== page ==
One of the fallouts from the July 2006 conflict was that it forced the postponement of a visit that month from the Lord Mayor of the City of London after months of preparation on both sides. The Lord Mayor is one of Britain’s most prominent commercial representatives, representing the financial services industry in the UK. As Lebanon’s financial sector continues to develop a key role in the region, this visit would have brought the highest profile British commercial delegation for many years to Beirut. I take comfort from that fact that London is taking a relaxed view, and that the visit has been postponed rather than cancelled. I have no doubt that it will go ahead when the timing is right. Both Beirut and London have good stories to tell as hubs for financial and insurance services, and it is right that contacts are developed at the highest levels for the commercial benefit of both countries.
We also see a good future in the development of the creative industries, where again both London and Beirut are key centres of advertising, design, media and fashion, and we are working with our colleagues in the British Council to develop a strategy to move this work forward. Already in the last few months one British graphic design company, “afishinsea”, has successfully established itself in Beirut with UKTI help, and we are looking to assist more such ventures. We are also focusing on construction, power (especially renewable energy technology), healthcare and ICT, the latter of which should offer great opportunities in future years assuming the privatization of Lebanon’s telecoms sector goes ahead.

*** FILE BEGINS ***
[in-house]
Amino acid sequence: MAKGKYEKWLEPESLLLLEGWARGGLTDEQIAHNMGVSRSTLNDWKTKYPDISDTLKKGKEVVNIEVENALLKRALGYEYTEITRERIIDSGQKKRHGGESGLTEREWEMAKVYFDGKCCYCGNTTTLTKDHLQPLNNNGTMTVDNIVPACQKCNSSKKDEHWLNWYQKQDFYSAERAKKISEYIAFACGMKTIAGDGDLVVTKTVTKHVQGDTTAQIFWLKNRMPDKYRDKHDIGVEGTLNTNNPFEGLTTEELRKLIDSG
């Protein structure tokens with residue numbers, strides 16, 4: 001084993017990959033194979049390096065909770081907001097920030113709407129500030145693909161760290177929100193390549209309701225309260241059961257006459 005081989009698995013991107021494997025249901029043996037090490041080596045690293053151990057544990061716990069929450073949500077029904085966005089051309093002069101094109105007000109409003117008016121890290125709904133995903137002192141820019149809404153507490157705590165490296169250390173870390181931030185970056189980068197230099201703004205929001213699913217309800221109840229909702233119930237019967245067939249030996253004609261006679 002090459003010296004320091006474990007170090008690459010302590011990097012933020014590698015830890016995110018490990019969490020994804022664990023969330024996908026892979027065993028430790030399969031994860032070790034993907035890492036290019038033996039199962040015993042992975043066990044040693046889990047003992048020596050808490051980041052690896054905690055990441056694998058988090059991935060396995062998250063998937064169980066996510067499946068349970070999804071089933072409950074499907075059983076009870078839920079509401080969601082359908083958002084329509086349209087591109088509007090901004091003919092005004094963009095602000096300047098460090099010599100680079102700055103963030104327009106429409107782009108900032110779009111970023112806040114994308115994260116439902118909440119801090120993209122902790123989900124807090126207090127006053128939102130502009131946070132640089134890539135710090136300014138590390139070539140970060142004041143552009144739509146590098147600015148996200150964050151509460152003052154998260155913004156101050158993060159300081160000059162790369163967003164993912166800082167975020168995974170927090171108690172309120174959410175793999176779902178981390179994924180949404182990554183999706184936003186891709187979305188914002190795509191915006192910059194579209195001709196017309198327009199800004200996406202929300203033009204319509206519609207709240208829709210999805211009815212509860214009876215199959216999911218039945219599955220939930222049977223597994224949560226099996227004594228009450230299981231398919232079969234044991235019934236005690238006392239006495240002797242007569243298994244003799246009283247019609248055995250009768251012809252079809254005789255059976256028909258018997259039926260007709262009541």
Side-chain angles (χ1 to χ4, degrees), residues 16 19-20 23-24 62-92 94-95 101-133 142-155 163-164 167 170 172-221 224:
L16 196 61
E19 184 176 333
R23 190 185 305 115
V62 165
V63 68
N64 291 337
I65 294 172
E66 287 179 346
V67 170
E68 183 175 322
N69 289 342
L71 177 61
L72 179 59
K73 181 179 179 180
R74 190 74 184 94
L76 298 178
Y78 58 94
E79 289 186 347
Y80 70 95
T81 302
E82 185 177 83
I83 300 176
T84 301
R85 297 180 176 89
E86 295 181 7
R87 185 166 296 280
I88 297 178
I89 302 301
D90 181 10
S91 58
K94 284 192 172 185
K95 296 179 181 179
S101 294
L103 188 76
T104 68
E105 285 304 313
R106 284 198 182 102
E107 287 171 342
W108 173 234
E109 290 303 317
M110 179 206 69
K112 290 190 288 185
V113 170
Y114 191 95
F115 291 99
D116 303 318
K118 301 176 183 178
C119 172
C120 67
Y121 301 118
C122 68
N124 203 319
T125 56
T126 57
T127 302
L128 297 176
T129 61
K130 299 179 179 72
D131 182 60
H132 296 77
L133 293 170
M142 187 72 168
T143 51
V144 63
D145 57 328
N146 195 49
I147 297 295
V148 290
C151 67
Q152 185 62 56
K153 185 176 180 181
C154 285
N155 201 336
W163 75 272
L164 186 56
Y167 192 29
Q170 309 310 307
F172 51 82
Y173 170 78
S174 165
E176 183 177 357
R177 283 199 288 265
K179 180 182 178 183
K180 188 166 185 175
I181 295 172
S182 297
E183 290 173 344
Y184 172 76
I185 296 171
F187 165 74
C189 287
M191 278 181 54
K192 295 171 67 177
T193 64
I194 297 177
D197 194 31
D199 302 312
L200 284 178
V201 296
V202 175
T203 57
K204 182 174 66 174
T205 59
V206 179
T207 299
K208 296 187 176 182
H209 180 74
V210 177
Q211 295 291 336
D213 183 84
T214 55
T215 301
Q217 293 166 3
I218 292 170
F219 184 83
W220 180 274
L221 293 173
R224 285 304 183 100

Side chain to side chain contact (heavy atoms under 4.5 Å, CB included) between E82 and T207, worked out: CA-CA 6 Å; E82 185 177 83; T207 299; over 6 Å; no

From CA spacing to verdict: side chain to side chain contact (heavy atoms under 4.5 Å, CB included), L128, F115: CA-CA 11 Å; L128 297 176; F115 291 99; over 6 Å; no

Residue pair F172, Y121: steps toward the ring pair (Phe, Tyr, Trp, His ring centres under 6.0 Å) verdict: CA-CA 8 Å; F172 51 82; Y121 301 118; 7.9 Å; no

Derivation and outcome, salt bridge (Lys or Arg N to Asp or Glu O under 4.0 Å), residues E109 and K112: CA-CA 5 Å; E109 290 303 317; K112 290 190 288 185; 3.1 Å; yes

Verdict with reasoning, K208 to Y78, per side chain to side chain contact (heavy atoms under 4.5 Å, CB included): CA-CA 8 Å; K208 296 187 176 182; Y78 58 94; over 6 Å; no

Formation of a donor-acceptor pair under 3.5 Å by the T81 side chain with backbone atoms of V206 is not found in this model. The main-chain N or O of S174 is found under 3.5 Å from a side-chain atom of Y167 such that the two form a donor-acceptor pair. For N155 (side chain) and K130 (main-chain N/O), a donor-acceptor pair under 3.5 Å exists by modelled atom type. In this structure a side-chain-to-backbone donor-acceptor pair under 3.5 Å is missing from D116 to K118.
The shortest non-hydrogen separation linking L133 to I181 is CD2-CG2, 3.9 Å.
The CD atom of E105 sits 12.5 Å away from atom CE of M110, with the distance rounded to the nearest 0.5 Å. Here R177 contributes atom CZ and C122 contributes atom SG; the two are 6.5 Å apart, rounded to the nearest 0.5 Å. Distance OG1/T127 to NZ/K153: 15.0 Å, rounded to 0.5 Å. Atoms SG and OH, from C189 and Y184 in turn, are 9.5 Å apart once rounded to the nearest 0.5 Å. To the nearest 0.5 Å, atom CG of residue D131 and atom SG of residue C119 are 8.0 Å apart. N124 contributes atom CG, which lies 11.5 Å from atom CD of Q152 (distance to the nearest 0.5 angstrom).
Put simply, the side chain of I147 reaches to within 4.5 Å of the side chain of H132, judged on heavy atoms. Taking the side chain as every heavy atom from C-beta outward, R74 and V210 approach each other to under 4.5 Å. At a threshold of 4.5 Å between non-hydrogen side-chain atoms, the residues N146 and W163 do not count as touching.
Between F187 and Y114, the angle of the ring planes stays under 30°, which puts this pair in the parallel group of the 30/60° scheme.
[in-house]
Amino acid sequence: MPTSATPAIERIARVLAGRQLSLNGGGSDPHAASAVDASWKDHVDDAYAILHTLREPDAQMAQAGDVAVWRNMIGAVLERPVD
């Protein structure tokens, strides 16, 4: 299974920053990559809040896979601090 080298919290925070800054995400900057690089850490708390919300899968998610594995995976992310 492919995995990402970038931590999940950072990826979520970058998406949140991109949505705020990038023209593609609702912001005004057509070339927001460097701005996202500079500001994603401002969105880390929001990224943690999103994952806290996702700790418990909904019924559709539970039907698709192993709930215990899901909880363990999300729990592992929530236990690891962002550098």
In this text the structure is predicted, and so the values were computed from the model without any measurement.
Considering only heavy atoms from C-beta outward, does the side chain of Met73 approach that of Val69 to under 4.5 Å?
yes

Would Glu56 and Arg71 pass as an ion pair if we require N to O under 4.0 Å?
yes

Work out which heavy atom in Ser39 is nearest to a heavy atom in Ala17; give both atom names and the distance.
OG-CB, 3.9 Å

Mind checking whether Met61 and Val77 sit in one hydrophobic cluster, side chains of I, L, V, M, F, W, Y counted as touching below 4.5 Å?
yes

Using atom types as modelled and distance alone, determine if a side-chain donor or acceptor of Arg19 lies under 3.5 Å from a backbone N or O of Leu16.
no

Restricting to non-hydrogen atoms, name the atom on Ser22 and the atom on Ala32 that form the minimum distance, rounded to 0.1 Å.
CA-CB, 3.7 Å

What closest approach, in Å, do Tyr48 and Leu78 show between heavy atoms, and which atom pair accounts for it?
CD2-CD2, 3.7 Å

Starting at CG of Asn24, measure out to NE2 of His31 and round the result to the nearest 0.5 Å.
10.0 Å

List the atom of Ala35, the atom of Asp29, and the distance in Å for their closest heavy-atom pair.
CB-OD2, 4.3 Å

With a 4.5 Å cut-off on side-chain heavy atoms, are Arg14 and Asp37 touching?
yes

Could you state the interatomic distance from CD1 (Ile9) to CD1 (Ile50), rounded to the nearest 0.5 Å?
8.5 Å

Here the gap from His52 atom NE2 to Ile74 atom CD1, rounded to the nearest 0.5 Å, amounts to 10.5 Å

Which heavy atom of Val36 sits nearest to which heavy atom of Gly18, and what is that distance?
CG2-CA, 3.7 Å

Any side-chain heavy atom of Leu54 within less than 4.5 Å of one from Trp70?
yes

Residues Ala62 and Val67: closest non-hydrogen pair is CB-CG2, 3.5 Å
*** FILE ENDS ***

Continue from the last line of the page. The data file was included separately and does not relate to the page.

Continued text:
We have good support. While our Ambassador, Frances Guy, is necessarily focused on the political arena, she is also extremely enthusiastic about commercial work. In recent months she has been 45 meters up a crane at the Beirut Container Terminal (a real success story — run by a Lebanese-British consortium), visited the offices of several major importers from the UK, and toured several factories. We also work closely with key individuals from the British Lebanon Business Group — an informal network of British and Lebanese businesspeople which includes some of Lebanon’s most influential commercial decision makers.
So, am I optimistic about the future? The answer has to be ‘yes, but…’! I was lucky enough to be here in the first-half of 2006 when Lebanon really seemed to be booming. New mega-projects were being announced on a weekly basis, and while there were problems, it was possible to imagine that Beirut could regain its pre-civil war status as a financial and trade hub for the region. Much has been lost, and whatever happens it will take time to regain that momentum. But the underlying skills, dynamism, and creativity are still here, and there is significant pent up energy from investors waiting for better times. It is not a market for the fainthearted, but the rewards could be substantial.